Date of Graduation
Davis College of Agriculture, Natural Resources and Design
Division of Plant and Soil Sciences
Vagner A. Benedito
Crop designing for resilience traits to produce satisfactorily under adverse conditions and scenarios is a priority for the future of global food security. In this thesis, two different approaches addressing major stress factors for tomato cropping are presented. We first aimed to domesticate tomato de novo as a high-salinity resistant crop using the wild relative, S. cheesmaniae via gene editing. We conducted single-gene and multiplex knock-out strategies using CRISPR/Cas9 genome editing to create loss-of-function alleles for the domestication-related genes BIF, CycB, J2, EJ2, MULTI, SP, SP5G, and FW11.3 in order to create a novel, halophyte tomato harboring an inherent high-salinity resistance along with desirable cultivation traits. In the second study, we employed traditional breeding strategies together with modern molecular techniques for in vitro culture and chromosomal mapping to generate introgression lines and backcrossing generation populations harboring a resistance trait against a fungal disease of tomato, Septoria leaf spot (S. lycopersici). Taken together, this research demonstrates how traditional and new breeding approaches can be integrated to boost the development of novel resources for tomato breeders and growers. Furthermore, the value of employing genomic and biotechnological resources in both traditional and modern breeding scopes towards an ideotype tomato crop is discussed and further recommendations are explored.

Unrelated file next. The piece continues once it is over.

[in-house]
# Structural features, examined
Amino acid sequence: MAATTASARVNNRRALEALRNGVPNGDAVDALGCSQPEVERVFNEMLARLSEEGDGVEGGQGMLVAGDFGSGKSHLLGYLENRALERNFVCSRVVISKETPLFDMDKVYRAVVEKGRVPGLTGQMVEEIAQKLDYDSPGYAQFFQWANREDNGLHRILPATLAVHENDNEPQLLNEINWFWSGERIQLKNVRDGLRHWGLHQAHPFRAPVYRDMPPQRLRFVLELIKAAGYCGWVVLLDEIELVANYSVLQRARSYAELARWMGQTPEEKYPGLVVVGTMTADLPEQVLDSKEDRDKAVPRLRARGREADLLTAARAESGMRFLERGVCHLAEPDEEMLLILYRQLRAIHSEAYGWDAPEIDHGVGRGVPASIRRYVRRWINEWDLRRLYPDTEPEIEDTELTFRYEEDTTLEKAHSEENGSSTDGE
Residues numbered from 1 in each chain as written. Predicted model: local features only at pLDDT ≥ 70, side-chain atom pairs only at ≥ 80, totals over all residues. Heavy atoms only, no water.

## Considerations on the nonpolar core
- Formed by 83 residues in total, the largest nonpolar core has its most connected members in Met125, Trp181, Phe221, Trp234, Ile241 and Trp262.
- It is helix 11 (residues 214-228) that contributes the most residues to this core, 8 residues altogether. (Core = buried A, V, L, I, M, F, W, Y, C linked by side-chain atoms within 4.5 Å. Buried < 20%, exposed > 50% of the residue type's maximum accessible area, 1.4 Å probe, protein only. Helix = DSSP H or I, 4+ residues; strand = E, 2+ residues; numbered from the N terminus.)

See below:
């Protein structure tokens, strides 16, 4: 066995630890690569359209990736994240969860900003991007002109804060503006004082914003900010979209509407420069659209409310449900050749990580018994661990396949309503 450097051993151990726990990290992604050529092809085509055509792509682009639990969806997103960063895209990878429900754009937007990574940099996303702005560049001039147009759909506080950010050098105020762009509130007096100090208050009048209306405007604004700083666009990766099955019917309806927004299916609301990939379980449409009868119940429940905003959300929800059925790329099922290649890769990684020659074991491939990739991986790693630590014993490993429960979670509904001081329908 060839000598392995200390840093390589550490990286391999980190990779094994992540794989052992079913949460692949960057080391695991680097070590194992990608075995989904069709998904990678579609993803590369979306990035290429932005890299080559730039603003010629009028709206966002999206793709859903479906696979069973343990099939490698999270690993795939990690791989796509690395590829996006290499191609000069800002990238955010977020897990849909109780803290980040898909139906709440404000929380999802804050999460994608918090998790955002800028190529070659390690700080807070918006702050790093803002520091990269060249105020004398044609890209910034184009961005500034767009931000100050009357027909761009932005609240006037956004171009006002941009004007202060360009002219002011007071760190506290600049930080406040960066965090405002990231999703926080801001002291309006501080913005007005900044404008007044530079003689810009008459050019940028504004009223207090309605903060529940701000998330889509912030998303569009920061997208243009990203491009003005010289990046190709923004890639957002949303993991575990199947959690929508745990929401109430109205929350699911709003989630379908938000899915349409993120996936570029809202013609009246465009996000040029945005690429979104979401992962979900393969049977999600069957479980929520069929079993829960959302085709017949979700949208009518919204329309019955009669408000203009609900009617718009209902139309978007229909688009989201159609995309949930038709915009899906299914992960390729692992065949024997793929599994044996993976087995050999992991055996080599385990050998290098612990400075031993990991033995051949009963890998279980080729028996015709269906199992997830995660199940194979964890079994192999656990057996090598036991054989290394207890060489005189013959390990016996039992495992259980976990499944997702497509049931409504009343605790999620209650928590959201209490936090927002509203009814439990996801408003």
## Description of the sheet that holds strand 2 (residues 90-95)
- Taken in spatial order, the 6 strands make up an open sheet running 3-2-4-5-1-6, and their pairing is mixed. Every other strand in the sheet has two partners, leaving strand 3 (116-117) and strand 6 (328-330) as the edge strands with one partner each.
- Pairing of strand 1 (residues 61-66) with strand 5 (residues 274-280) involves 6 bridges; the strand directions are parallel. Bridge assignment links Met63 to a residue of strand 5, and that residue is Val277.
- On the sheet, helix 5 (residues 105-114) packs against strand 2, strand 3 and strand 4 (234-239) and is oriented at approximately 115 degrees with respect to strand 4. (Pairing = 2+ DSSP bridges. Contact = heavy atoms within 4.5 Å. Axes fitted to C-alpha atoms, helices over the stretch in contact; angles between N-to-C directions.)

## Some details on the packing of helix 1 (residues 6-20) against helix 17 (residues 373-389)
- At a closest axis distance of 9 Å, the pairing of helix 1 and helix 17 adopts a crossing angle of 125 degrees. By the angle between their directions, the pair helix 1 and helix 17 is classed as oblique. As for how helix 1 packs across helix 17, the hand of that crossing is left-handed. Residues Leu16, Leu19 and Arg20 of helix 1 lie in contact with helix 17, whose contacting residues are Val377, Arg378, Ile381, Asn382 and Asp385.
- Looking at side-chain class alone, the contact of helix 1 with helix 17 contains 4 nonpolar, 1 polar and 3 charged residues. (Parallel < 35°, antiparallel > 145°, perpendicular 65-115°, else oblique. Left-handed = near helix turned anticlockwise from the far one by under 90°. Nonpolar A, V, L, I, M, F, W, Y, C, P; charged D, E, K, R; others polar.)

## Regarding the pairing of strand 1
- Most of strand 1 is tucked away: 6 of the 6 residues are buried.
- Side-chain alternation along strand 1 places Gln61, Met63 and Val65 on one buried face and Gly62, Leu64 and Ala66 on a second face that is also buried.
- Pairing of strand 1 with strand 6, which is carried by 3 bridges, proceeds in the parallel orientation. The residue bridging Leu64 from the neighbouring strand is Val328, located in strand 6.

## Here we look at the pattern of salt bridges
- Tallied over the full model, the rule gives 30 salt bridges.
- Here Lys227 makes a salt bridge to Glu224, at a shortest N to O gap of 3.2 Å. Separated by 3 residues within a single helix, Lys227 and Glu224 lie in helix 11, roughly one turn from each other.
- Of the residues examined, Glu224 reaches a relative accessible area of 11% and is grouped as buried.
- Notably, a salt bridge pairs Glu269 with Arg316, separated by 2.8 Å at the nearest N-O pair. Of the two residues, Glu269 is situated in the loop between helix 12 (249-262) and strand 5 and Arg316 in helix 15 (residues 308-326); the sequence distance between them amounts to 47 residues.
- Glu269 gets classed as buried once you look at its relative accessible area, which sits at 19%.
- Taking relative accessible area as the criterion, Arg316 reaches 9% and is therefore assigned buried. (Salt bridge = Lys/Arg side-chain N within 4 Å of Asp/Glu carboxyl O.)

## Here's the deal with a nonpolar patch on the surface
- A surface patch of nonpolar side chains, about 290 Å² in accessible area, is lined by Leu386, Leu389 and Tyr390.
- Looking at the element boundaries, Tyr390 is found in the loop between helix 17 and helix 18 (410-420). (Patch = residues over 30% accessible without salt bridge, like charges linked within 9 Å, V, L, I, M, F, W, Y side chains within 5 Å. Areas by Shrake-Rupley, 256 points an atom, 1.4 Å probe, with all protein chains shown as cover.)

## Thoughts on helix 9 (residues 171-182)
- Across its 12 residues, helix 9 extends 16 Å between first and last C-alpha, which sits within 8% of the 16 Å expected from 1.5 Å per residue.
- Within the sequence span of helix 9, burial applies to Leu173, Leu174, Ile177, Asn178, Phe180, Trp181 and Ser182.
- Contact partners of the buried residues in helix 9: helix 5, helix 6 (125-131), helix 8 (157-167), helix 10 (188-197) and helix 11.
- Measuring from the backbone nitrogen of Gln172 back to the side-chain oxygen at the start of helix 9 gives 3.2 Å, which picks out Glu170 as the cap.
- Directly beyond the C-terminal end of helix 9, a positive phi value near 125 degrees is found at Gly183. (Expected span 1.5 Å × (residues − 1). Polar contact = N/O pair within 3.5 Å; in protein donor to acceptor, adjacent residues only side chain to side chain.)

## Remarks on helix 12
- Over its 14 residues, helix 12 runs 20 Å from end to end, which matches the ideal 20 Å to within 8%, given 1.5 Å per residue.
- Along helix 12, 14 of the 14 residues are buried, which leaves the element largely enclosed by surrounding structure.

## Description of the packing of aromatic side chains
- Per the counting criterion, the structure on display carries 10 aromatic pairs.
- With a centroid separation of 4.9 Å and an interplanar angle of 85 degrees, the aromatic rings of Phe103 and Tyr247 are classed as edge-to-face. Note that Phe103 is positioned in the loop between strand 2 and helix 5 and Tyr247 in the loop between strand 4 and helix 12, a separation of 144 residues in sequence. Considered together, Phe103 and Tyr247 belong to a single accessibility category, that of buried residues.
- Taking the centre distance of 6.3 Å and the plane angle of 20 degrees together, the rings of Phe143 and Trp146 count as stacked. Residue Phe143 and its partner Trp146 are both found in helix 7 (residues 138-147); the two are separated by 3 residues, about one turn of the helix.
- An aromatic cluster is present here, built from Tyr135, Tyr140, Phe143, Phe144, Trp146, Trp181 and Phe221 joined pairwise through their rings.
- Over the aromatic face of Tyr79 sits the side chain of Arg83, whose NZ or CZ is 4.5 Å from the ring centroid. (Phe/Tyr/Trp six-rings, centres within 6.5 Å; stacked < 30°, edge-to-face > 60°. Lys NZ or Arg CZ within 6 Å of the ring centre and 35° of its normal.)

Tavares Flores, Estefania, "Traditional and modern breeding strategies towards developing resilient crops: Two case studies in tomato" (2021). Graduate Theses, Dissertations, and Problem Reports. 8252.
Available for download on Friday, July 29, 2022